Pioneer Airmail Flights - Part IV
Hubert Latham Attempts to Fly the Channel
As noted yesterday, There are a number of instances in the early days of aviation when airplanes carried letters or other messages which qualified as mail if not officially recognized.
One example was a letter almost carried across the English Channel just two days after Blériot's record flight.
Hubert Latham, a Frenchman of English descent, began flying in February, 1909, and was the first to try to fly across the channel in a heavier-than-air craft on July 19 (Blériot's flight was on July 25). Balloonists, including Latham, had made successful flights across the channel thirty-four more times after Jean-Pierre Blanchard and a Dr. Jeffries from Boston made the first crossing in 1785! Unfortunately for Latham, the engine on his Antoinette monoplane failed and he went into the water seven miles short of his goal.
Latham ordered a replacement Antoinette from the factory near Puteaux after his rescue and return to his base at Sangatte, near Calais. After Blériot's success, Latham tried again two days later on July 27. Again he fell short of his goal by several miles. He had carried with him a letter addressed to Lord Northcliffe of the London Daily Mail, prize sponsor, from Walter Windham who had observed the preparations of both Blériot and Latham in France. Had he been successful this would have been the first letter carried across the channel. The message was recovered but Windham said it was too damaged to be forwarded.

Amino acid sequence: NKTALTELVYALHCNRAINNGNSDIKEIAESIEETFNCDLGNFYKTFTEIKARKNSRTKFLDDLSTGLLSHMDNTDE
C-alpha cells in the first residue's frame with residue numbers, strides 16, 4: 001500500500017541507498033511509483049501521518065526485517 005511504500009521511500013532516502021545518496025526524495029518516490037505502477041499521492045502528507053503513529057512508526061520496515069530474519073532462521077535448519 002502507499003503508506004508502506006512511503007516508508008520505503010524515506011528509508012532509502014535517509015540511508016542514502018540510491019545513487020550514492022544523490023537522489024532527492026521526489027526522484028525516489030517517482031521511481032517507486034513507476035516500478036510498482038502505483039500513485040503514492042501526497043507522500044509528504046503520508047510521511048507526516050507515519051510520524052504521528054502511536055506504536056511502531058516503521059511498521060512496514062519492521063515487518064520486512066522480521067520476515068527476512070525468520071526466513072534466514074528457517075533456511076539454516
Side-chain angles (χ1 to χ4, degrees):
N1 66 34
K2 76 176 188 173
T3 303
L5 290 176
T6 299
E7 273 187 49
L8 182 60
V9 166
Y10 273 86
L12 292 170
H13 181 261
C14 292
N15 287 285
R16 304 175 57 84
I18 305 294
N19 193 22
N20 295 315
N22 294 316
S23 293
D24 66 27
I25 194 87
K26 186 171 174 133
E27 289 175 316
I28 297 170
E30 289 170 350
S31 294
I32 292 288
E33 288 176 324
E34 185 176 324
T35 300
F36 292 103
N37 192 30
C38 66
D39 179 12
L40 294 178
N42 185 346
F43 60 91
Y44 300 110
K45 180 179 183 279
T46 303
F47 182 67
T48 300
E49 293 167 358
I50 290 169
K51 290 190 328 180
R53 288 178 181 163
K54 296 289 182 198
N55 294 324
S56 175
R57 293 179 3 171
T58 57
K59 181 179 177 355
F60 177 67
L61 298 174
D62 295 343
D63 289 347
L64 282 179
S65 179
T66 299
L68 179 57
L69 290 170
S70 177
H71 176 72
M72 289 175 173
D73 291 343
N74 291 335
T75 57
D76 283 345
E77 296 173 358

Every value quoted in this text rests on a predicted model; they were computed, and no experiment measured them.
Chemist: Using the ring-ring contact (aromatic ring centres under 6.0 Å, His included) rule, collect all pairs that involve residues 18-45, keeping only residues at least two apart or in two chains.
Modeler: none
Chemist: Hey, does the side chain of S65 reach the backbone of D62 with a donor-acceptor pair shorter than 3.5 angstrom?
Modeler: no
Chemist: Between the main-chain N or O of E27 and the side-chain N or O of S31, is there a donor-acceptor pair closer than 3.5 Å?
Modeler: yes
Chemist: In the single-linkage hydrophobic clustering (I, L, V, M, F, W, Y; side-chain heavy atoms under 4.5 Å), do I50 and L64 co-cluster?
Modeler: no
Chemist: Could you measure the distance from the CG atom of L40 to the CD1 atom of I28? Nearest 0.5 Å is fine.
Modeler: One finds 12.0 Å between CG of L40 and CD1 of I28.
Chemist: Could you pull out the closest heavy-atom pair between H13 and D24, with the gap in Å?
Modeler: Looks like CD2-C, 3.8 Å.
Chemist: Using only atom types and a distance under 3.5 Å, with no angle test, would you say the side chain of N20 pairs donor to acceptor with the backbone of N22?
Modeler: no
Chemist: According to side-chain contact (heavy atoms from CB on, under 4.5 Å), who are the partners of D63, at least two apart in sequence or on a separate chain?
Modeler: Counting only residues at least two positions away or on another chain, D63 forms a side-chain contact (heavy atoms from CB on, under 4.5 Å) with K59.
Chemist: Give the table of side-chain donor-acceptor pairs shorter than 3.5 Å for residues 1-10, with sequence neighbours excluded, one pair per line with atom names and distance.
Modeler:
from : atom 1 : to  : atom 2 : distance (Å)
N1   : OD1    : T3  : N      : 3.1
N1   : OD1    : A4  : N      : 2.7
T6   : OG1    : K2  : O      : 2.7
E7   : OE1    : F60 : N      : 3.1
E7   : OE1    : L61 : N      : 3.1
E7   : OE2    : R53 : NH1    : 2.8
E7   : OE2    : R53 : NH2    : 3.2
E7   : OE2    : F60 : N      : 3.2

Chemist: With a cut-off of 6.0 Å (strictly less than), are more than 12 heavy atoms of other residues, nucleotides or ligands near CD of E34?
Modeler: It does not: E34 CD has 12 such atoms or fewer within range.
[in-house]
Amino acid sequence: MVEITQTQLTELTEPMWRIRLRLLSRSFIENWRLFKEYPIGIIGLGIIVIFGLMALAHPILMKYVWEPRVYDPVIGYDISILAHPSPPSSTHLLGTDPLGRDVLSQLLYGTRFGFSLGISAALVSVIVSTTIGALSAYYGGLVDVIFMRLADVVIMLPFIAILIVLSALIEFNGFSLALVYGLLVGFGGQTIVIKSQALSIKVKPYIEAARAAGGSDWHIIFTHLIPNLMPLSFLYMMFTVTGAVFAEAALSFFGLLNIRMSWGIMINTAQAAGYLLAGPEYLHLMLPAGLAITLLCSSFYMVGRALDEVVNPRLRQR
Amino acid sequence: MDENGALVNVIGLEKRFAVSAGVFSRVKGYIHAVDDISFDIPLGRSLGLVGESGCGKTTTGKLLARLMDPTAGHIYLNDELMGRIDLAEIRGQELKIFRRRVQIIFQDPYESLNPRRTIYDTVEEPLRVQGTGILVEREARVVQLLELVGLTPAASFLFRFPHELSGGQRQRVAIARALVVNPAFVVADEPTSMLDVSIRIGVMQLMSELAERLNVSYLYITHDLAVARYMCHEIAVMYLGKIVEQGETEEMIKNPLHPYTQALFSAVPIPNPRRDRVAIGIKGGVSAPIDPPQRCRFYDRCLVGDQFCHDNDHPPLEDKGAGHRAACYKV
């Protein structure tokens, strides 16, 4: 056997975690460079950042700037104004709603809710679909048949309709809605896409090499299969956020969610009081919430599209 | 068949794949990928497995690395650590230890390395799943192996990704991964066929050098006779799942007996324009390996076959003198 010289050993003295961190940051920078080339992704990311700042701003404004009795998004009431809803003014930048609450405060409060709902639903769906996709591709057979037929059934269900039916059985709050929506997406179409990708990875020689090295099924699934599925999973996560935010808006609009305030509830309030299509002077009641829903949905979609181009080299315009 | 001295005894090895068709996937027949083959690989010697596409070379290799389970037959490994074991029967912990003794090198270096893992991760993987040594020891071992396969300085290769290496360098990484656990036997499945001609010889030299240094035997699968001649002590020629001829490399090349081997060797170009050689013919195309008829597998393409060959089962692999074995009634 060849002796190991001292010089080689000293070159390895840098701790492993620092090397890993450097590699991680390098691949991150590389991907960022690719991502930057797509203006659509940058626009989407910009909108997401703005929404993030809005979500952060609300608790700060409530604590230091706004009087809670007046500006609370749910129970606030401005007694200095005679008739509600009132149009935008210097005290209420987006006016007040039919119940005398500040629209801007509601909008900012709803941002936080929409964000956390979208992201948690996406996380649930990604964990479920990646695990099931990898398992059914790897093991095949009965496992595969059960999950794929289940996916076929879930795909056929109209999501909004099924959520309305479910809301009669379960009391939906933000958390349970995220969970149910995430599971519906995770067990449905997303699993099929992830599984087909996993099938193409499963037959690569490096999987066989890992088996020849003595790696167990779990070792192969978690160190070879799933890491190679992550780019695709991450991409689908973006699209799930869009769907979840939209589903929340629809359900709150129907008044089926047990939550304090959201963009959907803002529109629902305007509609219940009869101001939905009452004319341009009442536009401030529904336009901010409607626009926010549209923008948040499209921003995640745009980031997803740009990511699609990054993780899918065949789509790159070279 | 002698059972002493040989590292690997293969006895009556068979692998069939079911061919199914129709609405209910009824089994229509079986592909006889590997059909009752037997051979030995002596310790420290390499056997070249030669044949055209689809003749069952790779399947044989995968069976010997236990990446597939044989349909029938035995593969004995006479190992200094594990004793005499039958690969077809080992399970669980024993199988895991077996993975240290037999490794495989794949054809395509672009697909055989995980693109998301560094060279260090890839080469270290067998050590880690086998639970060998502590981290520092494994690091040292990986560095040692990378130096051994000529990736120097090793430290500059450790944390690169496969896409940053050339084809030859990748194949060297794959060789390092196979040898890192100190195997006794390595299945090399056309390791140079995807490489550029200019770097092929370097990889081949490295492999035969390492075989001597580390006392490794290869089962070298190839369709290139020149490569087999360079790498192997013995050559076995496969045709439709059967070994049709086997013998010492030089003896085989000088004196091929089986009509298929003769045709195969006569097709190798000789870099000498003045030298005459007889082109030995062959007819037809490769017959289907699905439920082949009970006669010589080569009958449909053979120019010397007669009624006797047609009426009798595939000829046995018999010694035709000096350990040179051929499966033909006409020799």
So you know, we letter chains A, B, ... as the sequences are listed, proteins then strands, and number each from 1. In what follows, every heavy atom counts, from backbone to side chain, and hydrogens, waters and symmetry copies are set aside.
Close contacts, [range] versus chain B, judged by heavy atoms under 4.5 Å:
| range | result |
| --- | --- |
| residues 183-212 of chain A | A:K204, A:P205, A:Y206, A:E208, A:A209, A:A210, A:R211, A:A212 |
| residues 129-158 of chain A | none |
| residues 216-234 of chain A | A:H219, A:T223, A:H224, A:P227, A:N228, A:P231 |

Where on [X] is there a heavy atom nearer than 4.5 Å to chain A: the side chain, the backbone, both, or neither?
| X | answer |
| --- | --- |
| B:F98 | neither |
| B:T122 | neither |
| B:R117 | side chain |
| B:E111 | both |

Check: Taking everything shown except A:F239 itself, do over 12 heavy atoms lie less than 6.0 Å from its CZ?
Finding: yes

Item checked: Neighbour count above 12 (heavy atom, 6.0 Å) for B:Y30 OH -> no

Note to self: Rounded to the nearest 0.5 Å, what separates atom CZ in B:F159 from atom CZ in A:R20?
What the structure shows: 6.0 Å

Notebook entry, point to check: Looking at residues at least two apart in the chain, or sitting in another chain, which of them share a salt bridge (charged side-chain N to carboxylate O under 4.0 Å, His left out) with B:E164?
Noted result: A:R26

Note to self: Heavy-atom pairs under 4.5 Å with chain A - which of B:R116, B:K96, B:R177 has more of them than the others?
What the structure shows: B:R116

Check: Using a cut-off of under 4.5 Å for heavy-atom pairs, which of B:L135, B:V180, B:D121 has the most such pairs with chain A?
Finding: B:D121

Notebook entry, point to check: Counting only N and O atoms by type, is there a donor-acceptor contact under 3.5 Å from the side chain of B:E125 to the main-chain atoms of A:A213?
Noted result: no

To Be Continued
Posted September 13, 2000
Editor's Note: This series will draw on Donald B. Holmes' Air Mail -- an illustrated history 1793-1981 which is an exceptional piece of philatelic literature and The American Air Mail Catalogue Vol. 1 published by the American Air Mail Society.
Index of 508 Notes from the Past
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